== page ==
Puppet Master Brings His Art to CMU Opera
By Heidi OpdykeMedia Inquiries
- School of Music
- College of Fine Arts
In the upcoming opera "Zémire et Azor," there is beauty in its beast.
One of the earliest tellings of the "Beauty and the Beast," the opera has been adapted by Carnegie Mellon University Guest Director James Ortiz with the use of a massive 8-foot-tall puppet operated by four performers, while a fifth provides its voice. The show includes French songs with English dialogue.
"It's a very unusual challenge as a performer," said William Ottow, a vocal performance graduate student who is one of two actors cast in the role of Azor's voice. Each role in the opera is double cast so more students can participate. "As a performer you get used to taking ownership of your role and you have to get used to different acting choices that the puppeteers may need in a scene."
Carnegie Mellon’s School of Music performance of “Zémire et Azor” includes an 8-foot-beast puppet.
Ortiz created the beast puppet, known as Azor, and several others used in the upcoming show for productions at Opera Saratoga and Skylight Music Theatre in Milwaukee, with the help of the latter's prop shop.
"Puppetry is an exaggerated form of acting," Ortiz said. "I hope what students learn from this is that there's no reason you can't do everything, opera, musical theatre, straight theater, etc. It's about attacking a performance from an emotional place, and puppetry is another tool to do that."
Thomas W. Douglas, director of opera studies at CMU's School of Music, invited Ortiz to Pittsburgh. He said Ortiz was an actor before he was a director, and he has helped students understand opera is more than singing.
"It's probably the most practical experience that they get because they actually work with professional conductors and directors and they get a sense of ensemble that happens when they're part of a larger process," Douglas said. "In opera, everything comes together in an important way. The singing, the movement on stage, the costumes, the sets, the lighting. And it causes you to be aware of what your part of that picture is."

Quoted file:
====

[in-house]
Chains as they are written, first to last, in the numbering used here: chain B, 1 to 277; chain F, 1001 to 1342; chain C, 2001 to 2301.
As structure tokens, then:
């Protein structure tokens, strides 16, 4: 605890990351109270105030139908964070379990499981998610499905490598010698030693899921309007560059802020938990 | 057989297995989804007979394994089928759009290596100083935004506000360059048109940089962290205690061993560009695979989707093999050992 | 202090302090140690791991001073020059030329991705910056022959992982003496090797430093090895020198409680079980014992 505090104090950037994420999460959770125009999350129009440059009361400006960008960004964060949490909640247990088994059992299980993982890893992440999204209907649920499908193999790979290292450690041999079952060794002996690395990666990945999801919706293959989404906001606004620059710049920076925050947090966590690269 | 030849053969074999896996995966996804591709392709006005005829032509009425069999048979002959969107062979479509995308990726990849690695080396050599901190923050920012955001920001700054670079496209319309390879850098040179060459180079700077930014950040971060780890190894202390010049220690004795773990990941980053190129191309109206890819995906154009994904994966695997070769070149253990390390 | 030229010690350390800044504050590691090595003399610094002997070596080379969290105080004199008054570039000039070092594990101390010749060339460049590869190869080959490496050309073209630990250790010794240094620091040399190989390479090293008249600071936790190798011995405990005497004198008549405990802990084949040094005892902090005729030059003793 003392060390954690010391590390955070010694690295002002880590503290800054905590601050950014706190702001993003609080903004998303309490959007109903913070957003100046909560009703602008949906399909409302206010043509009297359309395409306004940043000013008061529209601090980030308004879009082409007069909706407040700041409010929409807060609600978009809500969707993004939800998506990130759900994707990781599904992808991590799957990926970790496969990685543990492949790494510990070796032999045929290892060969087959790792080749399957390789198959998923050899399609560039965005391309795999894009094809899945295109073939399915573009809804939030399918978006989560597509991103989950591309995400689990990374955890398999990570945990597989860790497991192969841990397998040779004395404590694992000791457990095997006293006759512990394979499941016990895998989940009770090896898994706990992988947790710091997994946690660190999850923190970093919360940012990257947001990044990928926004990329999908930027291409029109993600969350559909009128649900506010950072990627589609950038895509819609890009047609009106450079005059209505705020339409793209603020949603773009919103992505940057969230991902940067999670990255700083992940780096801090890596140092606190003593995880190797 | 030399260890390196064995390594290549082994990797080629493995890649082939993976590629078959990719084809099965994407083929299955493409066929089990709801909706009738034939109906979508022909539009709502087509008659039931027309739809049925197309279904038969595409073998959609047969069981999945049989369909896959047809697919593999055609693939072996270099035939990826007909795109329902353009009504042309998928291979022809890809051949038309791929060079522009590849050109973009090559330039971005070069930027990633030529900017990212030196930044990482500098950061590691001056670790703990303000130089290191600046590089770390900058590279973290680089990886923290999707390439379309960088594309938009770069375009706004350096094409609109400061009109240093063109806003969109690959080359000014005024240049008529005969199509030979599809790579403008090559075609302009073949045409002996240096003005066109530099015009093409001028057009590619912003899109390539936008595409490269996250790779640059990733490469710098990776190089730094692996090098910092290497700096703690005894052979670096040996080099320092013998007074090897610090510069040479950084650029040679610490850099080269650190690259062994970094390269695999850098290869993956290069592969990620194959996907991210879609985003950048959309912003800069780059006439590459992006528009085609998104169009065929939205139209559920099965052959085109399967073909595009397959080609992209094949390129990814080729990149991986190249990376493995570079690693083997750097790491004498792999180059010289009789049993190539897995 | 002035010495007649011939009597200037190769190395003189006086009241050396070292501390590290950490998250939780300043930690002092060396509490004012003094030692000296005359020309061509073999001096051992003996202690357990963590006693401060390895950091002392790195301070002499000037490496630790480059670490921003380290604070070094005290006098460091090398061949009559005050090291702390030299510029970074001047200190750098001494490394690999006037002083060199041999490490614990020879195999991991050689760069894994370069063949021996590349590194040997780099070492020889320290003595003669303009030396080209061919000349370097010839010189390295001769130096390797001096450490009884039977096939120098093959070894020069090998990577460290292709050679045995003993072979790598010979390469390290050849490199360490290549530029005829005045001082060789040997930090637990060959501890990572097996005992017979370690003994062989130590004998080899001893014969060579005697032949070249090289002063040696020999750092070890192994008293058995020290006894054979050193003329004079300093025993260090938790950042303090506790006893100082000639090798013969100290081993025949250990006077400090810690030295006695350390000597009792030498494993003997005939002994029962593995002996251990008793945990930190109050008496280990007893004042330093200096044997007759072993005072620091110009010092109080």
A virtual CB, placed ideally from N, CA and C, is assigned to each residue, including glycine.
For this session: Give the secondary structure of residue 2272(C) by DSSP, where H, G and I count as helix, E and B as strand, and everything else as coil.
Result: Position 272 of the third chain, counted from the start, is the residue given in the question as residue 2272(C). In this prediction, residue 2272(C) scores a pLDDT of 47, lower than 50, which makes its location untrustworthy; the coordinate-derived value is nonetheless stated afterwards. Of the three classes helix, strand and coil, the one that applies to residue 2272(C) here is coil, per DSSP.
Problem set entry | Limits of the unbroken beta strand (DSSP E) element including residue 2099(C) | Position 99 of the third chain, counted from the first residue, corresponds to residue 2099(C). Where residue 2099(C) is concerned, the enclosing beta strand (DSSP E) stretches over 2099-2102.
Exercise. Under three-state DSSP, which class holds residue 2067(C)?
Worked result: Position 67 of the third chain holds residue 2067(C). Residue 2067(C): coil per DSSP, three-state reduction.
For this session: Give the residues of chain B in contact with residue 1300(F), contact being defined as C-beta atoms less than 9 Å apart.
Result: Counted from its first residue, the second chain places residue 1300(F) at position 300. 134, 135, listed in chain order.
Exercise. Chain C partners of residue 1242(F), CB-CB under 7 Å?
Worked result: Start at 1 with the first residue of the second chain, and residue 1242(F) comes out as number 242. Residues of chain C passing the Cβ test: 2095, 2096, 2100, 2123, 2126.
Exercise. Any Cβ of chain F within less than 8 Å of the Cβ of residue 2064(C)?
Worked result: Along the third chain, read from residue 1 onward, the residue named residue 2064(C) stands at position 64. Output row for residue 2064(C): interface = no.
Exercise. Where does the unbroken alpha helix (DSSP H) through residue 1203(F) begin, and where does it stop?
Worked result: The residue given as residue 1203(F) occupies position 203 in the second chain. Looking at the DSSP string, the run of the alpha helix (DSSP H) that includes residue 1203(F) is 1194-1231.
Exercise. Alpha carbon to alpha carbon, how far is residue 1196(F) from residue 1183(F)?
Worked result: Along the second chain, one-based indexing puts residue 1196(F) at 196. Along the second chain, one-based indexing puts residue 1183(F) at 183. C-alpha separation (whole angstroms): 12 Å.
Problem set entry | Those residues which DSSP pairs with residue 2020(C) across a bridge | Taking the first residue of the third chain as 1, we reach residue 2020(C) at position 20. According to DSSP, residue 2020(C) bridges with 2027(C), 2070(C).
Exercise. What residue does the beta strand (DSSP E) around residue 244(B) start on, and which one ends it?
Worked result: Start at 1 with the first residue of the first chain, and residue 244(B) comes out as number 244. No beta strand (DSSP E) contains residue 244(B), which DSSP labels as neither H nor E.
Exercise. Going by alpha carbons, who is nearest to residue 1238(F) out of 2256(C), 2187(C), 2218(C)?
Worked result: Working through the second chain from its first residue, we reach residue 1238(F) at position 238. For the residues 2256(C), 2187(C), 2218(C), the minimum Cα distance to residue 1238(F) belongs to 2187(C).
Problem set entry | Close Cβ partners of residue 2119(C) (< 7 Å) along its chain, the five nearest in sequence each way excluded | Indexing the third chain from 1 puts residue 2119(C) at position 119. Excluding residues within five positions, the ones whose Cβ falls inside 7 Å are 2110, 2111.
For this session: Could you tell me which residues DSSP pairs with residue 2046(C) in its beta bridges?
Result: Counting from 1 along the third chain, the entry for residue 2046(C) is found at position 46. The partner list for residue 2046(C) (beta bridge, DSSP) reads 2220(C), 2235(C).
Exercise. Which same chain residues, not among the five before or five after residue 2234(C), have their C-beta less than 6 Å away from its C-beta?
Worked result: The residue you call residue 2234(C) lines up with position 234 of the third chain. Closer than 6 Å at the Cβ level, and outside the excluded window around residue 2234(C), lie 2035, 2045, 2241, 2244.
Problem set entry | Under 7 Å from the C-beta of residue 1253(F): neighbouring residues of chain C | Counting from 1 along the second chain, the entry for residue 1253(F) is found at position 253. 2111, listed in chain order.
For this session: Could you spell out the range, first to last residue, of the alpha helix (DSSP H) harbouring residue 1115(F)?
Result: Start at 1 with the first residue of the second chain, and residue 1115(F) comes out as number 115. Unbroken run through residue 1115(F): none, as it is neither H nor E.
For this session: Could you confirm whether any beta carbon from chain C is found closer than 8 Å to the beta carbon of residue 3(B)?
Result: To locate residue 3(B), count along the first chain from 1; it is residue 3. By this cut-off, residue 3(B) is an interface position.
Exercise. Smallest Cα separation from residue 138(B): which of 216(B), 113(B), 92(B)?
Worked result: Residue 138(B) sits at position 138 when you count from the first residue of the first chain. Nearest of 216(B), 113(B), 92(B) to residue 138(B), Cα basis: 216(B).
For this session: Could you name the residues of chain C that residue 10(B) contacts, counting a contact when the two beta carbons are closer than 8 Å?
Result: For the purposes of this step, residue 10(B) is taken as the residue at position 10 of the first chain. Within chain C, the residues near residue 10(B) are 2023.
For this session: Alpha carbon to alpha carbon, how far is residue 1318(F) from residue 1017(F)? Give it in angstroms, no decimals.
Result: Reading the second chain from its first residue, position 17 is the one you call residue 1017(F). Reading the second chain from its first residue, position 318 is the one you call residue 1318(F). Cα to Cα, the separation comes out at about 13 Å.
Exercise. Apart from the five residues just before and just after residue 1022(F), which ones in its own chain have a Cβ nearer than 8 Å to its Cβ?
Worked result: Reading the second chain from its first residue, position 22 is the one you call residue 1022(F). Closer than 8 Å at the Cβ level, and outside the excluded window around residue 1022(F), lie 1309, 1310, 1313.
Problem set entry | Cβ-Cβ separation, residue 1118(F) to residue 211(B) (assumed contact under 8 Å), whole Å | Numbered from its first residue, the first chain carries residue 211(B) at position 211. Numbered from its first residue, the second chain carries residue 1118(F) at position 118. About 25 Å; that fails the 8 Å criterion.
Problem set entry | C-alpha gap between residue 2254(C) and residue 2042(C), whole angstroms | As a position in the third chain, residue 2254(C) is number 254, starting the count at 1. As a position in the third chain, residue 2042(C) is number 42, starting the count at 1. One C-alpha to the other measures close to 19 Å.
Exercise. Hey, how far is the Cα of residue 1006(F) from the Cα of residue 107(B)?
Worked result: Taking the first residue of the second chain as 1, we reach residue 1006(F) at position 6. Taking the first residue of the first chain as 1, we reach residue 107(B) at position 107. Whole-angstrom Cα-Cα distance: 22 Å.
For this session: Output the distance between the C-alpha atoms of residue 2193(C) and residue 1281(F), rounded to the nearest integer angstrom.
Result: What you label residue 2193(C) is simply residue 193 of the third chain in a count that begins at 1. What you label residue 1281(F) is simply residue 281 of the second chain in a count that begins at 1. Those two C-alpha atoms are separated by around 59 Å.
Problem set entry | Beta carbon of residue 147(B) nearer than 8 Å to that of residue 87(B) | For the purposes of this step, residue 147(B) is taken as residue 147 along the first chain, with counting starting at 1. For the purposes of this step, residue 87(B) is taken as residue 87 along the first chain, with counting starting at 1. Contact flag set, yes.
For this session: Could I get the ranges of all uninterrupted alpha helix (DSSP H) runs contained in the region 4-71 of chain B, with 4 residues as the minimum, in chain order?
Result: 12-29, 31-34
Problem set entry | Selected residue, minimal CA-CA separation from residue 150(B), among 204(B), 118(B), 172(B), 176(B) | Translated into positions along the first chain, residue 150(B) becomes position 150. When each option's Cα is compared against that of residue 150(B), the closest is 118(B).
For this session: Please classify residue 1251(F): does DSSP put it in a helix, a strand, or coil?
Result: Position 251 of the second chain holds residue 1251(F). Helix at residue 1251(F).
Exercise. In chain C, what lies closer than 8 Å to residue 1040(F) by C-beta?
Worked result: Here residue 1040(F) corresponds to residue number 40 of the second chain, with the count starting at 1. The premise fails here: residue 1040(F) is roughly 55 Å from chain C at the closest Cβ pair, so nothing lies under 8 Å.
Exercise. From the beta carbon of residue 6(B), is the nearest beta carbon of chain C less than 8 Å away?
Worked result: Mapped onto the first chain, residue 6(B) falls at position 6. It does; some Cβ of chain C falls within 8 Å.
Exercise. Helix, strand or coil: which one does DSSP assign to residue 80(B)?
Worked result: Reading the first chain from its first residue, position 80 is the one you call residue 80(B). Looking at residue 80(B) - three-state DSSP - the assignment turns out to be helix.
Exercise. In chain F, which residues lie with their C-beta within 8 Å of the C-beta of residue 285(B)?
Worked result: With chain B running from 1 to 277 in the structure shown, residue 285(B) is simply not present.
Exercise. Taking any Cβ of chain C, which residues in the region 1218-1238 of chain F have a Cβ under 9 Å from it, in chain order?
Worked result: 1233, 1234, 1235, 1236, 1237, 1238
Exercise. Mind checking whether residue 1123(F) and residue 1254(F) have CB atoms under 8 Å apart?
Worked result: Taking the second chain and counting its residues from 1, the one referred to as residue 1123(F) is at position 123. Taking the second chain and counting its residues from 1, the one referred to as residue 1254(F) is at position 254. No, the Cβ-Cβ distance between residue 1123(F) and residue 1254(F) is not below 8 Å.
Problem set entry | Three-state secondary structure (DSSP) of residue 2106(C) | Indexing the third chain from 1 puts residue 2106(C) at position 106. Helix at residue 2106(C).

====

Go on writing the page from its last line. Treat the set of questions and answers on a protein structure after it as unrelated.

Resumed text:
While the singers and orchestra musicians are School of Music majors, students from CMU's School of Drama work behind the scenes as stage and production managers. Drama students also created the scenes, sets, costumes and more. Douglas said the entire production relies on many collaborations.
"There's so many people doing things that they specialize in. Between departments, between schools, between the crew and production team, a lot of great things happen behind the scenes that no one really sees," Douglas said.
Additional visiting professionals for the performance are Conductor Lidiya Yankovskaya and Puppet Captain Alex Mace.
"What I love about CMU is they bring in all this leadership with a lot of special skills," Ottow said.
Sophomore Hannah Wolfe is among the puppeteers working with Mace, who, through physical cues, guides the other three puppeteers to bring the beast to life as a team.
"I came to CMU because it's very focused on undergraduate education in opera and focuses on the foundations," Wolfe said. "And I think this production is going to be really exciting."
Matthew Lintern, left and Hannah Wolfe, right, listen as guest director James Ortiz provides notes during a rehearsal of the School of Music's produciton of "Zémire et Azor."
Not only does the team animate the character, but the puppeteers at times roar or amplify Azor's voice.
"Azor doesn't really live until you hear the puppeteers breathing and inhaling and exhaling," Ortiz said.
Ortiz won a 2016 OBIE Award for puppet design for his off-Broadway show "The Woodsman," and has designed for The Public Theatre in New York City and Shakespeare Theatre of D.C., among others. He said working with the students has been great.
"It's a really magical and special show. An effervescent soap bubble that does everything you want a story to do with romance, magic, fun bawdy humor, pathos, family drama — it's a wackadoodle mashup of genres and drama," he said.